Do-Not-Track: A New Era in Digital Marketing
Adam Lehman of Adage.com recently covered the changing digital marketing landscape in “How Digital Marketers Will Survive the Coming ‘Do-Not-Track’ World.” Essentially, marketers stand at a crossroads. Lehman writes:
On the one hand, publishers and marketers are finally gaining access to truly integrated, cross-platform data and marketing solutions…on the other hand, we are seeing the corresponding backlash to these advances in data-driven marketing – in the form of a privacy tools arms race.
This issue is especially relevant in light of Microsoft’s “Do-Not-Track” debacle. Microsoft experienced a big amount of backlash with the FTC and ad industry regarding its decision to ship its next version of Internet Explorer with the “Do Not Track” option turned on by default. From a user’s perspective, this is a pretty attractive move because it automatically provides a shroud of rare online anonymity on the public level.
At the same time, anonymity is pretty hard to come by once users start delving into private networks. As Mark Simon writes on Search Insider:
After all, when you’re on Facebook, you consent to being tracked by Facebook; the same is true when you’re on Microsoft’s Xbox Live network on ITunes. Like it or not, we’re moving into an era in which most of the tracking will occur across private, not public networks.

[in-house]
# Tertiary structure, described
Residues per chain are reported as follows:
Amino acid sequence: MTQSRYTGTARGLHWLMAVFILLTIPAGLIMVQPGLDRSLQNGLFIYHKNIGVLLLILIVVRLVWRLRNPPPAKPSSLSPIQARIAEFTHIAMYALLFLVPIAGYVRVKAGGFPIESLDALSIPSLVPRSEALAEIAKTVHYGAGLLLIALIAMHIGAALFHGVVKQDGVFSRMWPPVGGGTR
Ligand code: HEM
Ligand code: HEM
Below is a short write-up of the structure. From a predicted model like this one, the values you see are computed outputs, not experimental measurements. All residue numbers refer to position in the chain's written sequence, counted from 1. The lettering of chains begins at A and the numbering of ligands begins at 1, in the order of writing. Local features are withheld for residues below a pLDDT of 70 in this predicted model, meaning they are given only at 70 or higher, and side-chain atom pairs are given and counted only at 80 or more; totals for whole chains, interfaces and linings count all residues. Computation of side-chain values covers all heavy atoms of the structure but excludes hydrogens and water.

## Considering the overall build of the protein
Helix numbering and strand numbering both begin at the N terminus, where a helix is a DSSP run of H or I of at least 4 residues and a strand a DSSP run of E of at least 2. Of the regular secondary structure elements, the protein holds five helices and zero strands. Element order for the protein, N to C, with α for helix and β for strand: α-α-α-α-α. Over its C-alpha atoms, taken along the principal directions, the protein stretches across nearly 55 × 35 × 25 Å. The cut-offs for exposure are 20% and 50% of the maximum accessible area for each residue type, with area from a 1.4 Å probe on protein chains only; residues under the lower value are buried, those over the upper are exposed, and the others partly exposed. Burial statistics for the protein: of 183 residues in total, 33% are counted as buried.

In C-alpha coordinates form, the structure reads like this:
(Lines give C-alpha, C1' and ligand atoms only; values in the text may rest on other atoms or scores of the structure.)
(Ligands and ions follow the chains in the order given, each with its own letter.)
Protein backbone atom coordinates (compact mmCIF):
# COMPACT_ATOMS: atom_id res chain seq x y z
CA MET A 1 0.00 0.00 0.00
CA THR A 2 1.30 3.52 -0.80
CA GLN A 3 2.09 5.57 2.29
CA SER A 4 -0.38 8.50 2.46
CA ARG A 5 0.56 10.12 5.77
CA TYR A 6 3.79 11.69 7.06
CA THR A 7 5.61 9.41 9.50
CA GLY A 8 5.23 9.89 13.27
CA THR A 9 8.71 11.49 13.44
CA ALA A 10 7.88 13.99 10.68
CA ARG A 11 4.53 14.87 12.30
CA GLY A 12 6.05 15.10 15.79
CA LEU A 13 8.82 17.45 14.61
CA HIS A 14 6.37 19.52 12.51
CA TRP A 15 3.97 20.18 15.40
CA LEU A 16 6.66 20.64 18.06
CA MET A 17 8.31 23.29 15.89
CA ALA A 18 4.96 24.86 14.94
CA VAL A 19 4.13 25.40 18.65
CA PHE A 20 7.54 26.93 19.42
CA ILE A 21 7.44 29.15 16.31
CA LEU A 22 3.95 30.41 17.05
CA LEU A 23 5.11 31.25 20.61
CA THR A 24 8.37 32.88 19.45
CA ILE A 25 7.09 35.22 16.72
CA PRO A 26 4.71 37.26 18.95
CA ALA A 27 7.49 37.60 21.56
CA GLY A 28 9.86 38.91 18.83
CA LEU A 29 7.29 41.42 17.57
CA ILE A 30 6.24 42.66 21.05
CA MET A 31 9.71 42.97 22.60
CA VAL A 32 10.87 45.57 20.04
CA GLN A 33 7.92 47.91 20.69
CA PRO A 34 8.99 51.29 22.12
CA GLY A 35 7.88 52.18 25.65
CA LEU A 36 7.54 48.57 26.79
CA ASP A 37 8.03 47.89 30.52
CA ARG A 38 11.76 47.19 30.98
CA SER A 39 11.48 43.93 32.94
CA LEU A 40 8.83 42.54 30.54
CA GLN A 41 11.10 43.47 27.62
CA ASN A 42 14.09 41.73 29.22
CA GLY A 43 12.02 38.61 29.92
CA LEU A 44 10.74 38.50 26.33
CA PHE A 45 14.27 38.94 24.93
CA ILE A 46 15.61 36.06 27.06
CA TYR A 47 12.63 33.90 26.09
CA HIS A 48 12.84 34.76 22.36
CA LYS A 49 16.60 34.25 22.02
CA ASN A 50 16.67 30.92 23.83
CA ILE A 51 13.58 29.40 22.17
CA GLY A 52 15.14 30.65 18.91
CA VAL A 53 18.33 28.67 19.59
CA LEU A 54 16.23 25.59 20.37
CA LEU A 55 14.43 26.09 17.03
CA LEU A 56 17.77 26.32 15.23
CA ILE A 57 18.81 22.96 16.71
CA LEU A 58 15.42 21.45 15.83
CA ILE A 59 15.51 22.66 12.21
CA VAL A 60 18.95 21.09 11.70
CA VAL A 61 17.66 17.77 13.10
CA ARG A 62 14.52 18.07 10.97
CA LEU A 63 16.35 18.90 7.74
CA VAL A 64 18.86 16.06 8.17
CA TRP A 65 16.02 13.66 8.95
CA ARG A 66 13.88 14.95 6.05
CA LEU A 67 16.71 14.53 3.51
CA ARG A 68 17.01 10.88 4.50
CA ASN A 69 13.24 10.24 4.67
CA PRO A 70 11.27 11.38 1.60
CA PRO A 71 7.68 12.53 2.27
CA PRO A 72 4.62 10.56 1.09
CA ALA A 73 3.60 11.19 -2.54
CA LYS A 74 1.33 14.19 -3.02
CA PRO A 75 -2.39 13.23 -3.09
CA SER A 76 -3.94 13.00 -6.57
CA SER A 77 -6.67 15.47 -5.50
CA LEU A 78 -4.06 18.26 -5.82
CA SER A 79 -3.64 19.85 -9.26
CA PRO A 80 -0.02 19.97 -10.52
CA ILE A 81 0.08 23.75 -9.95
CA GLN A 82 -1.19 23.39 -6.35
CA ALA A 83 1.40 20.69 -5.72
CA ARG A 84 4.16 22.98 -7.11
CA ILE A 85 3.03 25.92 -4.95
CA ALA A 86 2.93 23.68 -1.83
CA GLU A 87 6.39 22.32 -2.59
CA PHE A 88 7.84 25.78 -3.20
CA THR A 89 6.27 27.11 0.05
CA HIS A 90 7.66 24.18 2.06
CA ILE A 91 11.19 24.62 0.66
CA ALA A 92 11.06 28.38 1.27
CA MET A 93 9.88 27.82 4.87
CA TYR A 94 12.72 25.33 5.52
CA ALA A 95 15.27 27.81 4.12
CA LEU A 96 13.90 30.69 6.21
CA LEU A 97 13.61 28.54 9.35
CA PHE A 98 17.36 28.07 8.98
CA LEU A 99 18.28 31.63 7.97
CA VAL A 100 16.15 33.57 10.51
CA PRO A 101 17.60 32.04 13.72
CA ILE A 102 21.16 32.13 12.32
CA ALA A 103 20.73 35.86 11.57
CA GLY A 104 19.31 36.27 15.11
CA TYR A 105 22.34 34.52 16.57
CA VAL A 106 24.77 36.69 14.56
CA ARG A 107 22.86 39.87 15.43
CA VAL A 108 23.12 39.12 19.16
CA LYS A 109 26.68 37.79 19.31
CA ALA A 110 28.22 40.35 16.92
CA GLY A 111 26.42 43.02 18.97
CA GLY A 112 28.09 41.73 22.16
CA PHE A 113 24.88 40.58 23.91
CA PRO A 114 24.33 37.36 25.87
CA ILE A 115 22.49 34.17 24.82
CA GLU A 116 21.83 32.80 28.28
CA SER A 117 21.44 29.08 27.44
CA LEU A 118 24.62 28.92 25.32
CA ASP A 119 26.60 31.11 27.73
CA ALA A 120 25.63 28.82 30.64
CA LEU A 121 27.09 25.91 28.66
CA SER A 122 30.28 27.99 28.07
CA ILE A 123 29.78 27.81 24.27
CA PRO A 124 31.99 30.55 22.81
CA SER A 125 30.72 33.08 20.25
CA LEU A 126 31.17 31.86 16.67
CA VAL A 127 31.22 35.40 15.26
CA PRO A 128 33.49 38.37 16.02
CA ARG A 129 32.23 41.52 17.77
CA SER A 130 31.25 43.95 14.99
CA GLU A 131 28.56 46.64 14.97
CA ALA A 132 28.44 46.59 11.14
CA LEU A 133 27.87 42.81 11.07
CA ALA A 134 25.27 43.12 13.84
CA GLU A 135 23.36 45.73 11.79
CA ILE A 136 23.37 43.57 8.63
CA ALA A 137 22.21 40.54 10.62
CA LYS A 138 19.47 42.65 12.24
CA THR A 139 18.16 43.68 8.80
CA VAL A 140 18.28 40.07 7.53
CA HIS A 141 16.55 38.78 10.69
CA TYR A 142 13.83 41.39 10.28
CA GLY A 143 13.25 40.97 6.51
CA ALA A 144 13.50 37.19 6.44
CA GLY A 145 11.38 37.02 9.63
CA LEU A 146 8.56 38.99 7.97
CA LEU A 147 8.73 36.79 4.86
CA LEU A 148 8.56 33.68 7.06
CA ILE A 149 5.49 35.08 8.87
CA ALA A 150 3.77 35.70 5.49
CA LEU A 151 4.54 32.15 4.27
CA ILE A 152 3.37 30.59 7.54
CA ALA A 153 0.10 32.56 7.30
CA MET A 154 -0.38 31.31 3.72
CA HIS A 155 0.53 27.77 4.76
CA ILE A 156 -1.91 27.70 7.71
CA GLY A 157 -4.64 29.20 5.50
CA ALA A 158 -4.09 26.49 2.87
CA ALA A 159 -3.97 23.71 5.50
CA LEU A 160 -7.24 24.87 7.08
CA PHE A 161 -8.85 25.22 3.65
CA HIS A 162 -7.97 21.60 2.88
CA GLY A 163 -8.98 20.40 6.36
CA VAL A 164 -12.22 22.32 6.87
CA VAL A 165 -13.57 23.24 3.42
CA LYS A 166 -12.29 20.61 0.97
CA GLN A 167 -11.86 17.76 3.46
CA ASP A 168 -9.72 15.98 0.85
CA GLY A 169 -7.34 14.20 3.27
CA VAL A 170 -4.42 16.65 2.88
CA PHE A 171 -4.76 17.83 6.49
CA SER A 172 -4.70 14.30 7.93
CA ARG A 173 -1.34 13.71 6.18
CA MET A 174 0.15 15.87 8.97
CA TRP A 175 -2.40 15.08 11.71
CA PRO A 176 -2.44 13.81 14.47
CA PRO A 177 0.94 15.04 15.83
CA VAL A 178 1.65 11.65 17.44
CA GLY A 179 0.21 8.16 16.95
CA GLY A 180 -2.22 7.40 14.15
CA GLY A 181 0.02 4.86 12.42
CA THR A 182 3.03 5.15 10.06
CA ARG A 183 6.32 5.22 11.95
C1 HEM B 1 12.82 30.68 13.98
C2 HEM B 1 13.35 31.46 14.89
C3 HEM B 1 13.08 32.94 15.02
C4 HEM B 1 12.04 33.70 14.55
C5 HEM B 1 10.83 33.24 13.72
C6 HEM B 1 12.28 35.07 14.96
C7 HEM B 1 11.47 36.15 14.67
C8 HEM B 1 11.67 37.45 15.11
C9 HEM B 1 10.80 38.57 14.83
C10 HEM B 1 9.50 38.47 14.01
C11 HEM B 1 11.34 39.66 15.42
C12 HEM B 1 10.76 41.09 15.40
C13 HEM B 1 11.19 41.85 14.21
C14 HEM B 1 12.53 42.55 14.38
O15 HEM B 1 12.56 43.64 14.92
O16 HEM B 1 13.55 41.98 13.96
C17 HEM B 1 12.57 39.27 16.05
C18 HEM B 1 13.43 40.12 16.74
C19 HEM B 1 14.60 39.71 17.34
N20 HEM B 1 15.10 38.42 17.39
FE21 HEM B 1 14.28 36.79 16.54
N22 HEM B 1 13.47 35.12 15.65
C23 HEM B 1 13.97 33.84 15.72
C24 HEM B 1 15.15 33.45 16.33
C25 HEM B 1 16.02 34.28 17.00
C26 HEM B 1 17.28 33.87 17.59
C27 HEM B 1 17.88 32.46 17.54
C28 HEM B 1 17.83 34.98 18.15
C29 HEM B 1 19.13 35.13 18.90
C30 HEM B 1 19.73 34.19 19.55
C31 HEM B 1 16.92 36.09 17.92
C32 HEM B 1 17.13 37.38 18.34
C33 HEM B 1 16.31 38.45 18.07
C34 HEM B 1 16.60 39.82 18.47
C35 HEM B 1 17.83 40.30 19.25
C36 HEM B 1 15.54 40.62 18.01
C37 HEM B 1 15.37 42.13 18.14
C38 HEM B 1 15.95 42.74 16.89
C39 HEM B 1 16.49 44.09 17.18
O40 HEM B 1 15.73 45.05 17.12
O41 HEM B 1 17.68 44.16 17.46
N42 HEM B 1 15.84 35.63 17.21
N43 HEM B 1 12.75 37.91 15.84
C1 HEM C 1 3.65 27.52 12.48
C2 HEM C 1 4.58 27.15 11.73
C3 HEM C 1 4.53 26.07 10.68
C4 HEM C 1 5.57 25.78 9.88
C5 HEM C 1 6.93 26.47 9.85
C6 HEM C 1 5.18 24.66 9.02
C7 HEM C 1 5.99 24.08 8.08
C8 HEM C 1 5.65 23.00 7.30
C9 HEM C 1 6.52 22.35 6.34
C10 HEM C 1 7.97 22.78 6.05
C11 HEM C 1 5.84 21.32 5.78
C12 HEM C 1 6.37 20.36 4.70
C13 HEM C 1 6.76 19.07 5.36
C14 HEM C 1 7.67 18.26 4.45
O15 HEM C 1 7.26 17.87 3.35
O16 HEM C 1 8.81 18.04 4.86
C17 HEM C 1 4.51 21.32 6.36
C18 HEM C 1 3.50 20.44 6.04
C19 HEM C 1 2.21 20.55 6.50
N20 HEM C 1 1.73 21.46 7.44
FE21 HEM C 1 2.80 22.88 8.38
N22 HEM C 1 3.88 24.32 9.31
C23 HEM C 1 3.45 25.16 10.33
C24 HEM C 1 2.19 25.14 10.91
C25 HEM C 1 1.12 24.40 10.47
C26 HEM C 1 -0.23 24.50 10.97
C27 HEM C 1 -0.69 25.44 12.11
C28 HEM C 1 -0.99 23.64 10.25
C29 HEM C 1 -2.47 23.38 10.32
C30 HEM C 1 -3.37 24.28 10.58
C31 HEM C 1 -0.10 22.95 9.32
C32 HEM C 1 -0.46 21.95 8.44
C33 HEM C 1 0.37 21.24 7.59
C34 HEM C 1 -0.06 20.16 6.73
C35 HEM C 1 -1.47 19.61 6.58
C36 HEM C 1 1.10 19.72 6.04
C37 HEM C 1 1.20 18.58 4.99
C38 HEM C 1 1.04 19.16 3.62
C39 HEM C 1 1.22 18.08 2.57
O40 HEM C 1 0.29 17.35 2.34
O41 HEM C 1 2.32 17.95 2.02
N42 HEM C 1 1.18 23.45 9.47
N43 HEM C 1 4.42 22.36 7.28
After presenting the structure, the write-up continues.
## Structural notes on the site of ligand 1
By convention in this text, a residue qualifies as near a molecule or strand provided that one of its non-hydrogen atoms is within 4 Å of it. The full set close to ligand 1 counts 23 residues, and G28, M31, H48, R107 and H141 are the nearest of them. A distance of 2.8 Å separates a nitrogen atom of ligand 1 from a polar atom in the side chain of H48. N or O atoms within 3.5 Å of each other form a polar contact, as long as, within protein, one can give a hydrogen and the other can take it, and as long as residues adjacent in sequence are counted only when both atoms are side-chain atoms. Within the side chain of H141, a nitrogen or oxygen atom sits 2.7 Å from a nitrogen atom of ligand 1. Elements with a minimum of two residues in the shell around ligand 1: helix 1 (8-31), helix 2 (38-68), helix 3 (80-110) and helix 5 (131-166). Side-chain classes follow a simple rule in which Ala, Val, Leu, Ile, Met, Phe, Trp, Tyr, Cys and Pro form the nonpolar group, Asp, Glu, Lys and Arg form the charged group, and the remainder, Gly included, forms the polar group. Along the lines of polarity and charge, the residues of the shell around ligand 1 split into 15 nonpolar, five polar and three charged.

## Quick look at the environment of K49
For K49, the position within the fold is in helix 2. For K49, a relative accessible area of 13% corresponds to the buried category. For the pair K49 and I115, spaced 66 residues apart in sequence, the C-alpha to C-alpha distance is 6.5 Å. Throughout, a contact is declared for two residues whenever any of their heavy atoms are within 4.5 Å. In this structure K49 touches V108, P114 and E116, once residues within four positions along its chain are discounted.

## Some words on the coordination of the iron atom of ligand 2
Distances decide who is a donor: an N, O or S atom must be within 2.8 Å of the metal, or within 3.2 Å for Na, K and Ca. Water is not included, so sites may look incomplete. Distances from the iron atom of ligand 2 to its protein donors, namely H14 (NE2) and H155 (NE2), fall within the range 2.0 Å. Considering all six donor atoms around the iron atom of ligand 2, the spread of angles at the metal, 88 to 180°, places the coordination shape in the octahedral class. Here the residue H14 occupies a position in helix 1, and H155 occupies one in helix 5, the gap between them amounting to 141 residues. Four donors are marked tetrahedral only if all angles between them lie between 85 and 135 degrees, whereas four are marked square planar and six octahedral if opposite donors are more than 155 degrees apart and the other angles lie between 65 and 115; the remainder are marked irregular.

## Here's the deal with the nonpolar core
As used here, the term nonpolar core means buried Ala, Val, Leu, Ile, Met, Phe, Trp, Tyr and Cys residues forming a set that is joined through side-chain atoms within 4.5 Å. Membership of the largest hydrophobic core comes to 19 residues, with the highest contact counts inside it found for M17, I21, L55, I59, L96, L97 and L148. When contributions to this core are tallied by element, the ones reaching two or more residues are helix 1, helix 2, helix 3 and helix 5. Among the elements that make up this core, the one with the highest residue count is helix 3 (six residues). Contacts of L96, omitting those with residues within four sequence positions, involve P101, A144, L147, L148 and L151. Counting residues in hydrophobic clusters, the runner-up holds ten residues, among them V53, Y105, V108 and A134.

The DNT controversy brings to light the fact that companies “will need to accept that some valuable data sets will now be off-limits,” Lehman writes. “In practical terms, companies will need to identify and maximize the many first-party data sets and transferable third-party data segments they can tap in a post-DNT default world.”
But will DNT result in an exodus of consumers pining for true online anonymity? From a realistic standpoint, no. Inherent trade-offs exist when people participate in a digital economy fueled by data.
The bottom line: users should “take responsibility for what they choose to do and share,” and companies should invest in tools that can capitalize on the “broad array of data sources still available to them.”